Friday, February 21, 2014

In rare event for Davidson, Commissioner recuses from a vote. (VIDEO)

Photos from Planning Board Meeting
Wednesday night finally saw the vote on the proposed CHS sign change for the new mental health facility on highway 73 near Summers Walk.   As reported here, this approval seemed to be a foregone conclusion after the Davidson Planning Board unanimously approved the change last month.

While it does appear that CHS gamed the system to a degree in pursuing this zoning change and it likely sets an unwelcome precedent for signage on the East Side of town, the truly important thing for good government is what happened just before the vote.

For the first in recent memory at a Davidson Town Board meeting, there was a detailed discussion about allowing a Commissioner to be excused from voting because of a conflict of interest.  More importantly, a Commissioner was actually allowed to be excused from voting by his fellow Board members - removing the fa├žade that somehow Davidson's Board is beyond reproach and that members' business dealings never collide with their responsibilities as elected officials.

As we've been very strongly encouraging in these pages (here, here, and here), Commissioner Brian Jenest requested and was allowed to not vote on the CHS sign - a sign he designed.  He did not disclose how much money his firm made on the project.  He did not disclose any information about when the need for the zoning change was determined.  He reversed the logic and said that he'd actually get more work if the zoning change was not approved - meaning if he was allowed to vote and he voted for it, he would somehow be voting against his own best interest, thus minimizing the issue to a degree.  However, in the end Commissioners agreed that voting on a project where a Commissioner's firm is directly involved is in fact a conflict of interest.

The vote to allow the recusal was unanimous (4-0) by the remaining Commissioners, but it was not completely without reservations.  Town Attorney Rick Kline described allowing this particular recusal as exercising an "abundance of caution".  (Commissioner Jenest designed the sign?!?!?  How much more clear a situation could there be???) Commissioner Graham said he was concerned about setting the bar too low for allowing recusals - meaning making it too easy to recuse.  His stated reason was that he might not be able to vote on future changes to the Town's affordable housing policy because he's a builder.  (Really?!?!?  If any proposed changes to the affordable housing policy would impact an in-flight, previously approved affordable housing plan including one of his projects, then no, Commissioner Graham should not vote on such a change.  However, if they would just impact future projects and require a separate vote to impact his project, then he could vote on the ordinance changes but NOT vote on any change directly impacting his project.)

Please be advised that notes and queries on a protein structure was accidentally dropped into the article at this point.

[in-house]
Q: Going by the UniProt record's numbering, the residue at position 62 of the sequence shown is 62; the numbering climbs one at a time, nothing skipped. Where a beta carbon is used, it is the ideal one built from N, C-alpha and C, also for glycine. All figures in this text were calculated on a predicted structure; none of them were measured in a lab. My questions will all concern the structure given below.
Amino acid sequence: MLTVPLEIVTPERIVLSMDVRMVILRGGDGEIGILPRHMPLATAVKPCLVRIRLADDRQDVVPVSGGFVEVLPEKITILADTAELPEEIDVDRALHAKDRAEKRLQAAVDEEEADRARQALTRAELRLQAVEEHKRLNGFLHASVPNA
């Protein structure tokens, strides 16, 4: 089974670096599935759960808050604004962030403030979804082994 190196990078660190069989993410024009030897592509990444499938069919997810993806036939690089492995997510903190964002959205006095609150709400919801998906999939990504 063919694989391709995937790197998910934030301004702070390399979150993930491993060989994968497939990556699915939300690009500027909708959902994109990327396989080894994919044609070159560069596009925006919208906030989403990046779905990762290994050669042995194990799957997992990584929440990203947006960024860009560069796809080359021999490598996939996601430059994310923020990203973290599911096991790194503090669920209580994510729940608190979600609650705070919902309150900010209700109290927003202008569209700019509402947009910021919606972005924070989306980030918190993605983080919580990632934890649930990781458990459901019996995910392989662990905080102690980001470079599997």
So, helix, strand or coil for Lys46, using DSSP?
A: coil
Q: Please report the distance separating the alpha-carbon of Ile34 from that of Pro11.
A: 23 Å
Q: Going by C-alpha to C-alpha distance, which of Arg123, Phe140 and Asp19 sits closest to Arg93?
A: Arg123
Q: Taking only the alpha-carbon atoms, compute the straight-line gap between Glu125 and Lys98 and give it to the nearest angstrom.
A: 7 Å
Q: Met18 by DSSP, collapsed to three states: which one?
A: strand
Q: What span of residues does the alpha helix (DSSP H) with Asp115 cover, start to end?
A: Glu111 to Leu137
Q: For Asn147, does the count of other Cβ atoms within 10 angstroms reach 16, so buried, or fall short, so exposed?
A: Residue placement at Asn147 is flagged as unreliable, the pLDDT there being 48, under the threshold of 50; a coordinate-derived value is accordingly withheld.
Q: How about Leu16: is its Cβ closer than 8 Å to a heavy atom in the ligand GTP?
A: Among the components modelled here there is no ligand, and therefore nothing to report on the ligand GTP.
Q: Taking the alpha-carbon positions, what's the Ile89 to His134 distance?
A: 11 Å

Here's the point.

The Board did the right thing here.  This was a small victory for good government.  However, Commissioners and our Town Attorney should not continuously be looking for loopholes in how to vote on things where a Commissioner has a clear self-interest.
Incidentally, Commissioner Fuller was allowed to vote on the sign after admitting that his employer, the McIntosh Law Firm, does significant business with CHS.    However, that business is likely not related to building design, so he did not recuse himself as this vote did not directly impact his firm.  That was also the right thing to do.

Below is the video.  The whole meeting is only 25 minutes.  The discussion about recusals starts at the 6:45 mark.

Davidson Town Board Feb 2014 Meeting


  1. Rick, thanks for the article and video. To clarify my comment about my participation on any discussion pertaining to affordable housing, obviously if we were discussing one of my projects, I would recuse myself (and when we voted on the affordable housing plan for my upcoming neighborhood on Delburg Street a few months ago, I asked to be excused and I was recused). My broader point is that if we start discussing changes to the affordable housing ordinance that might affect future projects, should I ask to be recused just because there is some potential financial impact? If we set the bar too low and everyone gets recused just because of some potential impact, the risk is that the commissioners who know the most about a certain topic are going to be sidelined all the time. I think that would be unfortunate. It is a balancing act and every situation is unique.

  2. Hey Rodney, thanks for the comment. Agreed, every situation is unique. That's why they all have to be looked at as they come up.

    This article from the UNC SOG sums it up nicely.

    As a builder it would seem you certainly could talk about an ordinance change as long as it does not immediately impact a current project. Speculating on how it might impact a future, unplanned development you might do would appear to not meet the threshold of the current statutes and would not require a recusal if that speculation was the only indication of financial interest. There are several things that would need to happen and those are not all certain.